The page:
Apple sold more PCs worldwide last quarter -- 21 million -- than any rival, retaking the lead it lost the quarter before, U.K.-based Canalys said yesterday.
And because Microsoft lacks a tablet operating system, sales of Windows-powered PCs fell to an all-time low as a percentage of total sales.
Unlike other research firms, Canalys counts tablets 7-in. or larger as PCs, figuring that they're used for many of the same purposes as a notebook or even a desktop. Using that definition, Apple, which sold 17 million iPads and 4 million Macs during the period that ended June 30 -- shot to the top of the chart.
Apple regained the No. 1 position in the second quarter after ceding it in the first to Hewlett-Packard. The Cupertino, Calif. maker of Macs and iPads had last been the world's top-selling PC seller in the fourth quarter of 2011.
Canalys pegged Apple's 21 million units as 19% of the sales share, well above both HP and Lenovo, the No. 2 and 3 manufacturers, which each sold approximately 13 million PCs for a 12% share. Rounding out the top 5 were Acer and Dell, with unit sales of 10.6 and 9.6 million, respectively.
On the back of its iPad sales, Apple posted growth of almost 60% over the same quarter the year before, joining Lenovo and Acer as the vendors that showed gains. HP's and Dell's PC sales each fell about 11% year-over-year.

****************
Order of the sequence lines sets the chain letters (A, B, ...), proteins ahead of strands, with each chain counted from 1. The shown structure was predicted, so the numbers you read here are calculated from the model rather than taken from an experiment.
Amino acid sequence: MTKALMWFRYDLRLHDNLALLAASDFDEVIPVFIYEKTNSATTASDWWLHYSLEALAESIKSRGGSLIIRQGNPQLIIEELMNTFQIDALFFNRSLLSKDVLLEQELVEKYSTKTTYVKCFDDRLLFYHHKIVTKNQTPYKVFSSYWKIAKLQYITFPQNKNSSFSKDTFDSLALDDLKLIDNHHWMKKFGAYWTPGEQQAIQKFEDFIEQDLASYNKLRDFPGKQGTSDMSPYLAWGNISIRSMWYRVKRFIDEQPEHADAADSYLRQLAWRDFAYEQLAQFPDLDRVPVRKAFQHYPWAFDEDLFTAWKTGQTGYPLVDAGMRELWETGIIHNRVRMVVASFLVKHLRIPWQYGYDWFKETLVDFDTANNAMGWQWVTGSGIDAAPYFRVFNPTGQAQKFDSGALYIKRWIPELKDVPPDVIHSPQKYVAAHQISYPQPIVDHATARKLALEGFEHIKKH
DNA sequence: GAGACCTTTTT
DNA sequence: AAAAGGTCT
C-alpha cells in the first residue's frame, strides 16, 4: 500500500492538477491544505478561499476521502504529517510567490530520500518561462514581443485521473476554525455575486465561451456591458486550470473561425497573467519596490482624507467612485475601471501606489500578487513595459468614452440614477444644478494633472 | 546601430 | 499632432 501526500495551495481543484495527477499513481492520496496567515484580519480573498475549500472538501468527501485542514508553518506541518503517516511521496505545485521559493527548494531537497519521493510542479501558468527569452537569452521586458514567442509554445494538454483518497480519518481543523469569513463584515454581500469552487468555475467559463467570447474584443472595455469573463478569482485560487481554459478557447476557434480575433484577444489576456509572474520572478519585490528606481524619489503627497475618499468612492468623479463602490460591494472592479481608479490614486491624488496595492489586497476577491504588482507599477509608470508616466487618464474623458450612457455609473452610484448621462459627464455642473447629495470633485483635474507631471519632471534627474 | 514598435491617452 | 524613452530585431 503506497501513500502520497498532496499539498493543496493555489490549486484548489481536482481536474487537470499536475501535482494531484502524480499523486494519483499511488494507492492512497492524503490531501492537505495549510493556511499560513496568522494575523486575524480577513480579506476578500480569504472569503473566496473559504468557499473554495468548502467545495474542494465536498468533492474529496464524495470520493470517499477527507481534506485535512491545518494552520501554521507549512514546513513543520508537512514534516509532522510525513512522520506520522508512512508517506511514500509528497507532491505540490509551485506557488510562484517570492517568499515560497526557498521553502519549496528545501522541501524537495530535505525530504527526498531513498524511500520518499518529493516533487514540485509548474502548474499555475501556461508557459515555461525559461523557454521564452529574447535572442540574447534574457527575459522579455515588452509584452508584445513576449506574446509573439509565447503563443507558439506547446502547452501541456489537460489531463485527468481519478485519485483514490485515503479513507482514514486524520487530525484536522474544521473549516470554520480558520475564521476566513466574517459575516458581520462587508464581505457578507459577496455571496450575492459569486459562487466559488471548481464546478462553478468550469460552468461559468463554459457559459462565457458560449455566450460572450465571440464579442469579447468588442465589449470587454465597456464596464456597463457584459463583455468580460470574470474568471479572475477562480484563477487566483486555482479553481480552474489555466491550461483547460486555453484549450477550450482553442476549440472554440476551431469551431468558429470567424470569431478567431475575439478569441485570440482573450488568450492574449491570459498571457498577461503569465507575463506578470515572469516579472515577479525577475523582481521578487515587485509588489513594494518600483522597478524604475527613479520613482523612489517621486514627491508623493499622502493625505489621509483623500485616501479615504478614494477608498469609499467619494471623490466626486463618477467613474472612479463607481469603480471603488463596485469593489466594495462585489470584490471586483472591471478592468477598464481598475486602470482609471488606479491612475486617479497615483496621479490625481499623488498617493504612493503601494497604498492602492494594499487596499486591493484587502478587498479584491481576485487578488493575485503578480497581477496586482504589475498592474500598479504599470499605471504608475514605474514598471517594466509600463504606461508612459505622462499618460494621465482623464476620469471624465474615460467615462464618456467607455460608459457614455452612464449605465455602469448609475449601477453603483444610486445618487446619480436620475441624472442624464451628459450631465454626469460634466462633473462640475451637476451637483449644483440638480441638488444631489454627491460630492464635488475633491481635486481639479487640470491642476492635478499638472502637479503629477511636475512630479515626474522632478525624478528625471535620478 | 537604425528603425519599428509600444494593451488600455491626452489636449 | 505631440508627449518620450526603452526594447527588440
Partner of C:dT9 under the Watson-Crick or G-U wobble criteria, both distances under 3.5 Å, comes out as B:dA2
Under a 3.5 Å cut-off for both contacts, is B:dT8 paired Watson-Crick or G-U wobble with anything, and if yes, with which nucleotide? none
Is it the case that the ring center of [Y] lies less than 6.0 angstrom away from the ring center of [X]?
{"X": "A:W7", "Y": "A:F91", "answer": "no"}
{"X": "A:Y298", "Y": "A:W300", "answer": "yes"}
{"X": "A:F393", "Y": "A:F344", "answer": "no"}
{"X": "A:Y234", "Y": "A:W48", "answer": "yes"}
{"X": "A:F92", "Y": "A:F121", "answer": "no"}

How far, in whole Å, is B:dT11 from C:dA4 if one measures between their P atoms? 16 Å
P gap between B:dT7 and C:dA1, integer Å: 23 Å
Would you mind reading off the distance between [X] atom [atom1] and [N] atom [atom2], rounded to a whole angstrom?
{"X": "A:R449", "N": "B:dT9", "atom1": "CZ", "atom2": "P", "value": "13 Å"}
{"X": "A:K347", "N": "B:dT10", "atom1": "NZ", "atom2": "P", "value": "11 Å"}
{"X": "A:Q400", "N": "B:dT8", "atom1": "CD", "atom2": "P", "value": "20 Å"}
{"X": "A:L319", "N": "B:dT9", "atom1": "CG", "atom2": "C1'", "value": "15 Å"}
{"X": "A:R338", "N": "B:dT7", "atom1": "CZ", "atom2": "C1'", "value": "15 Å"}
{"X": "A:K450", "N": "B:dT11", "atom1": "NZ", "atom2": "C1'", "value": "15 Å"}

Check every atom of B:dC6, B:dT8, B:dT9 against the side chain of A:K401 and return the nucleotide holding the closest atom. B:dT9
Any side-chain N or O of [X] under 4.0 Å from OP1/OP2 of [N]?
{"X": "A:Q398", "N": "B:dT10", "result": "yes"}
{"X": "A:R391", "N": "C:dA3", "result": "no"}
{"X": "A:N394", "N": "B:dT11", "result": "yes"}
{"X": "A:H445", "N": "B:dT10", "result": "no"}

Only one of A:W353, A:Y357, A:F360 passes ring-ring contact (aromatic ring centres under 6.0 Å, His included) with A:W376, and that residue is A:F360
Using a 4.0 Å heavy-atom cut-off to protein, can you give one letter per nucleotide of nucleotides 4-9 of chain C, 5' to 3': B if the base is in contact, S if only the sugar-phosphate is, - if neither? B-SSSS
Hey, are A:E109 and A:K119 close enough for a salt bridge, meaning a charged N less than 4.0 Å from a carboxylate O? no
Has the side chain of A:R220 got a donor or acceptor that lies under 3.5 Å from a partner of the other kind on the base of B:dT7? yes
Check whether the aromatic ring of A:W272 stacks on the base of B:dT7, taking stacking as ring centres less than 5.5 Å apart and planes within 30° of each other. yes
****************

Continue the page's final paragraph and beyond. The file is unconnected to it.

While most research firms continue to split tablets and traditional PC form factors -- desktops, laptops and the quickly-vanishing netbooks -- Canalys argued that that's old-school thinking. "We define a PC as a self-contained personal computer, with a display 7-in. or larger, that can, if necessary, operate without an attached power supply," said Tom Evans of Canalys, in an interview Thursday.
"People aren't going to be purchasing tablets rather than mobile phones," said Evans, explaining the 7-in. rule. "We look at purchasing behavior, which shows, for example, that people are upgrading their own notebooks at a slower rate than they were before because they're buying tablets. And the netbook market is in decline because it's been directly impacted by tablets."
Tablets are such a huge part of today's PC story, Evans argued, that ignoring them is a mistake when estimating system sales.
One side effect of Canalys' approach is that it shows the PC industry is not in the dire straits declared by other research firms.
Using Canalys' definition of PC, the industry actually grew by nearly 12% in the second quarter over the same three-month stretch in 2011. That's a much brighter picture than the ones painted by Gartner and IDC, two U.S.-based research companies that last month pegged the quarter as down 0.1% from the same period the year before.
"If you're not counting tablets, [sales] certainly are dismal," said Evans. And he asserted that tablets are PCs, not only to buyers but also to hardware makers. "They need to know what products they want to release," he said, talking about computer vendors, called OEMs, for "original equipment manufacturers," in tech-speak. "They have to look at everything when they decide what to develop, and a big part of that is looking at tablets."